On May 25, the Supreme Court released an opinion in Sackett v. Environmental Protection Agency (EPA) where they held that the “Clean Water Act’s use of “waters” in §1362(7) refers only to “geographic[al] features that are described in ordinary parlance as ‘streams, oceans, rivers, and lakes’” and to adjacent wetlands that are “indistinguishable” from those bodies of water due to a continuous surface connection”. This ruling will impact which wetlands are considered adjacent to waters of the United States (WOTUS) and therefore, whether those wetlands are under state or federal jurisdiction.
This decision aligns with NACD’s comments on the various WOTUS rules requesting that significant nexus no longer be used as a determination of legal connection, and that jurisdictional waters should be indistinguishable from tributaries and traditional navigable waterways. Or as quoted in the opinion, “that the wetland has a continuous surface connection with that water, making it difficult to determine where the ‘water’ ends and the ‘wetland’ begins.” (Sackett citing Rapanos).
Recently, some members of Congress have floated the idea of amending the Clean Water Act (CWA) to clear up some of the more ambiguous definitions. It is unlikely, given this decision, that Congress will have any further interest in developing their own definition of WOTUS. Some members of the Court raised concerns that the agencies are in the best position to make policy decisions and the majority opinion will impact the ability of EPA and the Army Corps to develop sufficiently protective regulations. EPA Administrator Michael Regan stated that he is disappointed in the decision but will be taking a hard look at the rule and really consider what the next steps may be.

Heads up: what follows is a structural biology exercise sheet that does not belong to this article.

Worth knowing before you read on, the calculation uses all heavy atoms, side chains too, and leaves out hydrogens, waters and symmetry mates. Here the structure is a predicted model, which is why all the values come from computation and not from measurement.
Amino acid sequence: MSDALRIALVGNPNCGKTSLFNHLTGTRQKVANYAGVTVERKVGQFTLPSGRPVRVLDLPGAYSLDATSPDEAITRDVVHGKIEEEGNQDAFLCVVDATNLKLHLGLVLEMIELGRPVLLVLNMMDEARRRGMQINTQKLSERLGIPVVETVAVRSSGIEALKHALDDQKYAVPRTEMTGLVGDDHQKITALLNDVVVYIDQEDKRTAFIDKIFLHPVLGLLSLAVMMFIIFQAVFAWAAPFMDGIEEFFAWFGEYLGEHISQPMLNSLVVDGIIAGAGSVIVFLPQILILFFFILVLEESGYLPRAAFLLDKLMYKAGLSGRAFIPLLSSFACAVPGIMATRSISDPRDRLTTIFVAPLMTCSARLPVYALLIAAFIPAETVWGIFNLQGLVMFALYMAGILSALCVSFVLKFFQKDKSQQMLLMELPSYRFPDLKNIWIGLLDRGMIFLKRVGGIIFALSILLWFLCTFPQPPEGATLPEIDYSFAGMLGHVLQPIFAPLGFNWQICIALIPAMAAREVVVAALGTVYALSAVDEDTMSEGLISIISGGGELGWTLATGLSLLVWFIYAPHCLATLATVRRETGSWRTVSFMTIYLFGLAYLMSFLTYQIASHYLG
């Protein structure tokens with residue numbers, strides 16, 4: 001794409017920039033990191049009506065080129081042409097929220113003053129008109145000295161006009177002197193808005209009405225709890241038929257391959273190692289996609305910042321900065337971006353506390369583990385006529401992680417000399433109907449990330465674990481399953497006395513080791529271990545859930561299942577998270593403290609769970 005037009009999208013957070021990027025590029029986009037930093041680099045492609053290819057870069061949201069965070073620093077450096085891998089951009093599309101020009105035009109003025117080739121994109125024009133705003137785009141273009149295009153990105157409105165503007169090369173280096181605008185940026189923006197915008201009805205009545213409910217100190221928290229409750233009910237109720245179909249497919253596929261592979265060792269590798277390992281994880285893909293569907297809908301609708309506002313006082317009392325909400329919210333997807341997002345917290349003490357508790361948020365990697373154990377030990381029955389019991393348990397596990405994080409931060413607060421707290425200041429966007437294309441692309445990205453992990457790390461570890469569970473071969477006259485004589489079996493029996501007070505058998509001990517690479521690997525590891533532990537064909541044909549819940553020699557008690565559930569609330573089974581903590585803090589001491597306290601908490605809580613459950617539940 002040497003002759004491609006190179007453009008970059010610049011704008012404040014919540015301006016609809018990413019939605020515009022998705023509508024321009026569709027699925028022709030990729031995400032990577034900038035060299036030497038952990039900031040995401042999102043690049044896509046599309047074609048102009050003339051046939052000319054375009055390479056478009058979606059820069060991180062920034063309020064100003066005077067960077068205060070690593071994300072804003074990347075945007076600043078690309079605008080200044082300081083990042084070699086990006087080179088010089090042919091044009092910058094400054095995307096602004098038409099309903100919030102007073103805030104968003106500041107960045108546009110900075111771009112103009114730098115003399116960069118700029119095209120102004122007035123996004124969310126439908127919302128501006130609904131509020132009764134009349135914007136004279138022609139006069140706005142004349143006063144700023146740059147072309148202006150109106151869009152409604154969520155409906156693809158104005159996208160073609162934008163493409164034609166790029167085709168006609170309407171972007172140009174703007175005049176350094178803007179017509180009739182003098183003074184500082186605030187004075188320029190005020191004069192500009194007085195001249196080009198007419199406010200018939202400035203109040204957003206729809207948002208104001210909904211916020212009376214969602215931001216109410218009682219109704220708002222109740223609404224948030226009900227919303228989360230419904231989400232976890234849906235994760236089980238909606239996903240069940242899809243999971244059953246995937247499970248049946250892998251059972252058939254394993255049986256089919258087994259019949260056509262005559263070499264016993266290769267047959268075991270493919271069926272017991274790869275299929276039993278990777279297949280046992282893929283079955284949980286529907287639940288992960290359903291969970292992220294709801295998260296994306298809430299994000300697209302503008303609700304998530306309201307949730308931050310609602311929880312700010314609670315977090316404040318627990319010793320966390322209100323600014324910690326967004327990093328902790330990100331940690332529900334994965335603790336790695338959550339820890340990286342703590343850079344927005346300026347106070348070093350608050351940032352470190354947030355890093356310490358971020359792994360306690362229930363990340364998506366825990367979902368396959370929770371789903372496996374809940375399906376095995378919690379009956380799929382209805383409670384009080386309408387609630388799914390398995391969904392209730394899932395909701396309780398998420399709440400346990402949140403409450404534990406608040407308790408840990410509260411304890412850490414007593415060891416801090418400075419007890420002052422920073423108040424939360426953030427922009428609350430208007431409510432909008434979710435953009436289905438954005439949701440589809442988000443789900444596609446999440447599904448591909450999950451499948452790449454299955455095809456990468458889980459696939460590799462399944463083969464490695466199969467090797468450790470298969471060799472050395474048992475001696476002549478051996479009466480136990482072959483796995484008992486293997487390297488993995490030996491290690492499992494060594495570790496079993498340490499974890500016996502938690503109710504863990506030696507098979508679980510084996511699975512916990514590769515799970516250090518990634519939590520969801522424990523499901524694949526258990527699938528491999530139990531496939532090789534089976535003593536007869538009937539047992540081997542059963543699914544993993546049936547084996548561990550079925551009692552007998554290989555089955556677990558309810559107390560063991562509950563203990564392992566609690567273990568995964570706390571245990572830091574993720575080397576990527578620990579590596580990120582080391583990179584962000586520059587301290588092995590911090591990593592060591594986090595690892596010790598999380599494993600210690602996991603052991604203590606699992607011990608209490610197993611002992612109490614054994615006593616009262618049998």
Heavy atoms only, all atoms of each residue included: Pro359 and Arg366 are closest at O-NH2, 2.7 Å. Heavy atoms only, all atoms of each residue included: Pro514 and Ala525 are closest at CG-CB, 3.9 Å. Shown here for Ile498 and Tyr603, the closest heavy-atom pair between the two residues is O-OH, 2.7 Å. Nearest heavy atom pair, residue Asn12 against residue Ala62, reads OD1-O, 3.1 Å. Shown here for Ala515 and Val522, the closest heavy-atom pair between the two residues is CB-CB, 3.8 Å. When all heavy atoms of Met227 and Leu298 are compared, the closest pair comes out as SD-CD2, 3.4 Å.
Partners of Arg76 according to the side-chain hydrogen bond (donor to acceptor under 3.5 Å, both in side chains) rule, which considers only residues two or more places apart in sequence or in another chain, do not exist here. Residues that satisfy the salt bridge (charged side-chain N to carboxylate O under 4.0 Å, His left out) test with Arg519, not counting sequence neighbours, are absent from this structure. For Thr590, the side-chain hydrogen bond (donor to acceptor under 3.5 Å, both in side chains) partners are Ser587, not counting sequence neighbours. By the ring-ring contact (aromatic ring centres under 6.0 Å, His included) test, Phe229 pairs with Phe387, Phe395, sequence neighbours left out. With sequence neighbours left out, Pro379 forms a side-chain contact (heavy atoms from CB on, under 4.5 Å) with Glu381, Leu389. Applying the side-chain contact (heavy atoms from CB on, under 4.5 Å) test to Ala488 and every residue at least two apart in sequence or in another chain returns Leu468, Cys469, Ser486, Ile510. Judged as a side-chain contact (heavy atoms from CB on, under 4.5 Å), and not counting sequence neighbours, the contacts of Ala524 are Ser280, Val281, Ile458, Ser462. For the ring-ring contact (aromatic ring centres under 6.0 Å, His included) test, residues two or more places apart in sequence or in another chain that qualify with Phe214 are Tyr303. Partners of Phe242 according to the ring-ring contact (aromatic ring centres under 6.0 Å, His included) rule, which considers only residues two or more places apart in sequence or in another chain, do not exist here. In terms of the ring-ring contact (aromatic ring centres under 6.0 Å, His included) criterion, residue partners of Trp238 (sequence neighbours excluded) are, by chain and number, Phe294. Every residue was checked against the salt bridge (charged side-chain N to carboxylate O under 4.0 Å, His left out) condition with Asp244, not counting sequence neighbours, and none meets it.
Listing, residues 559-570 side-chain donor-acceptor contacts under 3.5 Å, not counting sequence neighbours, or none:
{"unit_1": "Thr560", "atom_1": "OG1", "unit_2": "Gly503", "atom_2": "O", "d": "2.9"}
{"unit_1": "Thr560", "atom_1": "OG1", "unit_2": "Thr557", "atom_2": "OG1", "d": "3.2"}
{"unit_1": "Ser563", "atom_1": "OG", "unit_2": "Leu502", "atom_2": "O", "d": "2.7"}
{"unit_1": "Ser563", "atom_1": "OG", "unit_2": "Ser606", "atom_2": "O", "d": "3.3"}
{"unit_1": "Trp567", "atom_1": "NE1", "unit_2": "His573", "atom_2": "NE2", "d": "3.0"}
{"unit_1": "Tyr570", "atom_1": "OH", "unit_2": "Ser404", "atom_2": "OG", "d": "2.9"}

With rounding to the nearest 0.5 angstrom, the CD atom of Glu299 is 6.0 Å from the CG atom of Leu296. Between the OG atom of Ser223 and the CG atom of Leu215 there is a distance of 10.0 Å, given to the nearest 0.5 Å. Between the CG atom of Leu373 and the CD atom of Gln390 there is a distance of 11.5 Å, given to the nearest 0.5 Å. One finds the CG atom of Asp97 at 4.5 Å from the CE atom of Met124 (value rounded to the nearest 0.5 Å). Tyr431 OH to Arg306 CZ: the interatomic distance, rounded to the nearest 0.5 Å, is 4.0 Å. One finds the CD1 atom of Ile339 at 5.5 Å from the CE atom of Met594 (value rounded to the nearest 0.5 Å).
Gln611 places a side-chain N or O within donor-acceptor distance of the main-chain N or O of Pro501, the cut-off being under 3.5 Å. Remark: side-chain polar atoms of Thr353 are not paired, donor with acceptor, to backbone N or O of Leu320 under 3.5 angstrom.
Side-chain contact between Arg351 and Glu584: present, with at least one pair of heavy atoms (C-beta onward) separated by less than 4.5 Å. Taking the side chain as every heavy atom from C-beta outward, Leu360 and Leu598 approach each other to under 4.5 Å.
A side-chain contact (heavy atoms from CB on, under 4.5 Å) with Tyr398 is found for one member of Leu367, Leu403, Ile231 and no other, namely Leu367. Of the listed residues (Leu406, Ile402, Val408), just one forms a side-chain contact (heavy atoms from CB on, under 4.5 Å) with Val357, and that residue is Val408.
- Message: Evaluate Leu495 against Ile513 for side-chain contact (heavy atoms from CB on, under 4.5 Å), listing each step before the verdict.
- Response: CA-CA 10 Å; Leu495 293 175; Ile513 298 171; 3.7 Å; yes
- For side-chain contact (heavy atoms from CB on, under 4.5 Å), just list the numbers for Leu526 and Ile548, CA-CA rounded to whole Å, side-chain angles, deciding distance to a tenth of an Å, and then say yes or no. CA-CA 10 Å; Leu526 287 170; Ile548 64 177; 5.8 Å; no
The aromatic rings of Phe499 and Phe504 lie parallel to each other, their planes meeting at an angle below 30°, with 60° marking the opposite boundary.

The original case was a dispute stemming from a home building project on marshy land that was ultimately separated from the jurisdictional water by a road. There was no observable surface connection to the stream or lake and its adjacent wetlands. EPA determined that, hydrologically, there was a significant nexus to those features. In its definition of adjacency, the current WOTUS rule that went into effect in March of 2023 relies primarily on significant nexus, the scientific hydrologic connection of wetlands and other water features to jurisdictional waters, to create a legal adjacency. Adjacent wetlands are an enumerated protected water feature within the CWA and are integral for water quality, flood control, and provide ecologically diverse wildlife habitat. Historically, when determining adjacency, EPA has relied on agency guidance developed from the 2008 Rapanos Kennedy opinion, and not the less stringent Scalia theory that states that “waters” in the CWA include only “relatively permanent, standing or continuously flowing bodies of water.” The Clean Water Act does not cover groundwater and the determination of significant nexus in certain places can be very time consuming, expensive, and not easily distinguishable for the landowner. However, given that the plurality (4/4) decisions in Rapanos have created this conflict between significant nexus and continuous surface connection by not giving clear guidance on determining jurisdiction or adjacency, the hope is that this most recent decision will create a little more clarity and consistency for both landowners and regulators.
Tags: government affairs